Girl Guides might be synonymous with the cookies they sell, but the guiding movement is about much more than that to the girls that join their association.
For two more nights, the historic Oshawa Guide House on Simcoe Street will be open for information regarding Girl Guides registration. After hosting two prior information nights, the Guide House (and also, the Legends Centre in north Oshawa) will be open next Wednesday and Thursday from 6:30 p.m. til 8:00 p.m. for anyone interested in joining.
The Guide House building has quite the history. In 1948, Colonel and Mrs. Robert Sam McLaughlin gave the Oshawa Guide house as a gift to the program. Mrs. McLaughlin was a member of the organization and was key to making sure local girls had a place to meet, especially because Colonel McLaughlin had just given the Boy Scouts the property for Camp Samac. In 1963, an addition was developed with money provided by Mrs. McLaughlin. The building now houses two gymnasiums, a front room, a kitchen, a council room and an archives room. The Central Area office is located on its upper level. The facility is available for council meetings, trainings, events, banquets and unit meetings. It’s a true piece of Guiding history right in downtown Oshawa.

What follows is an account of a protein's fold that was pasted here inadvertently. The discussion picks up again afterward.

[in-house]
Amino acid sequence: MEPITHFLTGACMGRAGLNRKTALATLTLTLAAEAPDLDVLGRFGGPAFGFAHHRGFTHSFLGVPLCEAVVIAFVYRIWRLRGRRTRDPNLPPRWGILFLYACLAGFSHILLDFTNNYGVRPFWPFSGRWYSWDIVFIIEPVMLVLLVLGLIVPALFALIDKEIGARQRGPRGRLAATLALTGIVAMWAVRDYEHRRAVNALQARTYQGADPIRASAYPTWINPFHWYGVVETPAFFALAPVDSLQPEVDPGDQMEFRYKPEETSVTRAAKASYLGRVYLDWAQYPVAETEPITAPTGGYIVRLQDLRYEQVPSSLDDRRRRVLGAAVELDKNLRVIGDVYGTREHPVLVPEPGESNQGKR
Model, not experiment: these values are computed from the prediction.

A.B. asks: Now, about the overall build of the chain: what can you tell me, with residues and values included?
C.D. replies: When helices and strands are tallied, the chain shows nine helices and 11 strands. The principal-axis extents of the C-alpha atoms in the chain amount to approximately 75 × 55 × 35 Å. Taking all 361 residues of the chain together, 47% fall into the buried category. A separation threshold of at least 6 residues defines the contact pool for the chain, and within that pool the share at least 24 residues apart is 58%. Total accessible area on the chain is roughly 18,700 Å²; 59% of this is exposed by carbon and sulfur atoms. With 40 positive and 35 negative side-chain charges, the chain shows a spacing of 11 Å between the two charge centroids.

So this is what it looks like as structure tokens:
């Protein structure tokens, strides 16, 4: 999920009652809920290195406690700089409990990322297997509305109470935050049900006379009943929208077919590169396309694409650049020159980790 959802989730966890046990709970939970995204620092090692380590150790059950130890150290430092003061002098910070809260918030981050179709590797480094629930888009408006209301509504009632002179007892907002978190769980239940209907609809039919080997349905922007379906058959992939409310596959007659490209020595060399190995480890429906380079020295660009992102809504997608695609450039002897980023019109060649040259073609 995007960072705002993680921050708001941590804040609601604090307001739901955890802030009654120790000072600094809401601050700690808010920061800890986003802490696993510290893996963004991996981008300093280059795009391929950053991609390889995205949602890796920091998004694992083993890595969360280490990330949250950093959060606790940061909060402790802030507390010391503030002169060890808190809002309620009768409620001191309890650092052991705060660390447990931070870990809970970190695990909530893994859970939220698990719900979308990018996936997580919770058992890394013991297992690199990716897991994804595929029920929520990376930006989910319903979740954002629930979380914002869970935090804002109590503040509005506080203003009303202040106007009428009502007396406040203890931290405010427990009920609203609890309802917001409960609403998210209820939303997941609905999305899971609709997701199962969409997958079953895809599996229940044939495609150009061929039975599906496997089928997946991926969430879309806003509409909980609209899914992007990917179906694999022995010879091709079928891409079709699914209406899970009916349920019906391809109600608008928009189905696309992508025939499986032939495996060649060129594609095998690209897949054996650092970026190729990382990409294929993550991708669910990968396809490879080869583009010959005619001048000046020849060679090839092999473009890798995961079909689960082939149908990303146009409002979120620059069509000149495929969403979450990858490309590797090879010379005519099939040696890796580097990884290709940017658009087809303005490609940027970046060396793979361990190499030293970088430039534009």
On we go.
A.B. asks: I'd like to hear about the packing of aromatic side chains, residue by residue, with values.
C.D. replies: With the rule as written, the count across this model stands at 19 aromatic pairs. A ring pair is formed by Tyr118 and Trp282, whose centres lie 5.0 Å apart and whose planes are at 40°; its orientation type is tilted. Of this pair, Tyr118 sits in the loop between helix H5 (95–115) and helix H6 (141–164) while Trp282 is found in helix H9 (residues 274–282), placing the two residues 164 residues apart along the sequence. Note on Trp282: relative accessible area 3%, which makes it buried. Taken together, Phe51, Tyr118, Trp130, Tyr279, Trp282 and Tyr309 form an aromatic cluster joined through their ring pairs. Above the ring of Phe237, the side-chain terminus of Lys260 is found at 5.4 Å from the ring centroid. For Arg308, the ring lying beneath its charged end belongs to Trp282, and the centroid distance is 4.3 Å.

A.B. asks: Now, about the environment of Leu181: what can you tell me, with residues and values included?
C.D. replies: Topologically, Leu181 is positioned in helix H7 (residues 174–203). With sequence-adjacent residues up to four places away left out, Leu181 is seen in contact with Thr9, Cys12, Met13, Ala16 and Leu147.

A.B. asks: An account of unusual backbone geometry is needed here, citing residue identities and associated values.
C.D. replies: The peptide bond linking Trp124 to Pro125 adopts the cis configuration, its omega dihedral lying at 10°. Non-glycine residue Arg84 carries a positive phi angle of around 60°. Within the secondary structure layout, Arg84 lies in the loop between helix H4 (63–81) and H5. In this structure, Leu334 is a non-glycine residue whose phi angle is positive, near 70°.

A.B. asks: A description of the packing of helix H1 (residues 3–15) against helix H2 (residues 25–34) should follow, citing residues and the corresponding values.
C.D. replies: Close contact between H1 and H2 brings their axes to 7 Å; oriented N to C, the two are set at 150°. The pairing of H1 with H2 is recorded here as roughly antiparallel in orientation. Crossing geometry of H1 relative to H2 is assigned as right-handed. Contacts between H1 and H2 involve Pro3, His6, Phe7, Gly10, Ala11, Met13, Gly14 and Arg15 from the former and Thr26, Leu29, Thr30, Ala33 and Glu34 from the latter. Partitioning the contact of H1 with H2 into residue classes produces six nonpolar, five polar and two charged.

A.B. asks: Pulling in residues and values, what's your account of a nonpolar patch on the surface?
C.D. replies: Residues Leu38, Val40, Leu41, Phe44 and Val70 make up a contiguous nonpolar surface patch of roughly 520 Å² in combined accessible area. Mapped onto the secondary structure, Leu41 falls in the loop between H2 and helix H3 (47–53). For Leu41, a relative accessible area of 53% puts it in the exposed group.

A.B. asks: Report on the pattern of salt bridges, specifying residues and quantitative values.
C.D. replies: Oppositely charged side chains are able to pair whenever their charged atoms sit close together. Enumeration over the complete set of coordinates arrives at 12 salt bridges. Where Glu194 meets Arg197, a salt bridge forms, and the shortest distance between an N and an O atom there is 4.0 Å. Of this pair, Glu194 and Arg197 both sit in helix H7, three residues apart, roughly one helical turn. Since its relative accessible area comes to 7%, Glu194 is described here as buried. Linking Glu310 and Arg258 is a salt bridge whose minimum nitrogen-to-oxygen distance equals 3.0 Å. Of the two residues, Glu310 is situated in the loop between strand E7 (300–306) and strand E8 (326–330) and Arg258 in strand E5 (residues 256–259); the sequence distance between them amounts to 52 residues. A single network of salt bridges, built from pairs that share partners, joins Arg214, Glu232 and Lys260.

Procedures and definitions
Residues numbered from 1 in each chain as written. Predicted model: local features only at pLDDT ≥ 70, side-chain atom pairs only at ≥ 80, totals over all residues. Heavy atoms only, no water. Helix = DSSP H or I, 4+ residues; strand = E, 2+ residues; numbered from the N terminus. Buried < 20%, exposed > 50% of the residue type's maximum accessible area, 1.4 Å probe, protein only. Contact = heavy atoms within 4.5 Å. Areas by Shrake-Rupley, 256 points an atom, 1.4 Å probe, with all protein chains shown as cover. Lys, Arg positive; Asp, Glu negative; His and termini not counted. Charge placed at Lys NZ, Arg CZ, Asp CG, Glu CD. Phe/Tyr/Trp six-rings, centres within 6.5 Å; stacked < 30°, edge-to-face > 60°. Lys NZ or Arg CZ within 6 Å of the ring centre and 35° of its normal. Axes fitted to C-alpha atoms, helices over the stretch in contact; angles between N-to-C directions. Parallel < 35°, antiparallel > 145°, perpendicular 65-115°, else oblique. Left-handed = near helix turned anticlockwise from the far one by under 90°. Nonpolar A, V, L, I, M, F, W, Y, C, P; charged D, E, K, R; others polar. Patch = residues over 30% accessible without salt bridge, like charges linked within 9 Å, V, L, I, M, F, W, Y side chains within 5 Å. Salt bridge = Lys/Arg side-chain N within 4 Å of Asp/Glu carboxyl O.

The history of Girl Guides dates back to 1909, when Lord Baden-Powell held a Scouting rally in London, England. Much to his surprise, a number of girls who also had been practicing Scouting showed up. Baden-Powell then asked his sister, Agnes, to create a new program just for them. The movement grew thanks to Agnes and also Baden-Powell’s wife, Olave. In 1910, Canada’s first unit was created in St. Catharines. By 1912, there was a unit in every single province across the nation and the Canadian Girl Guides Association was created.
The leadership organization has grown from there, providing diverse programs and activities to its members, building new interests, leadership skills and lifelong friendships. The World Association of Girl Guides and Girl Scouts is now the world’s largest organization of girls and women.
The program has five different age categories from Sparks, starting at age five, through to Rangers, stopping at age 17. There are several units in Oshawa to choose from. Weekly activities range from anti-bullying workshops, to helping a local food bank, learning about bike safety, planting an edible garden, discussing body image or exploring career options. There’s plenty to learn about at your local Girl Guides.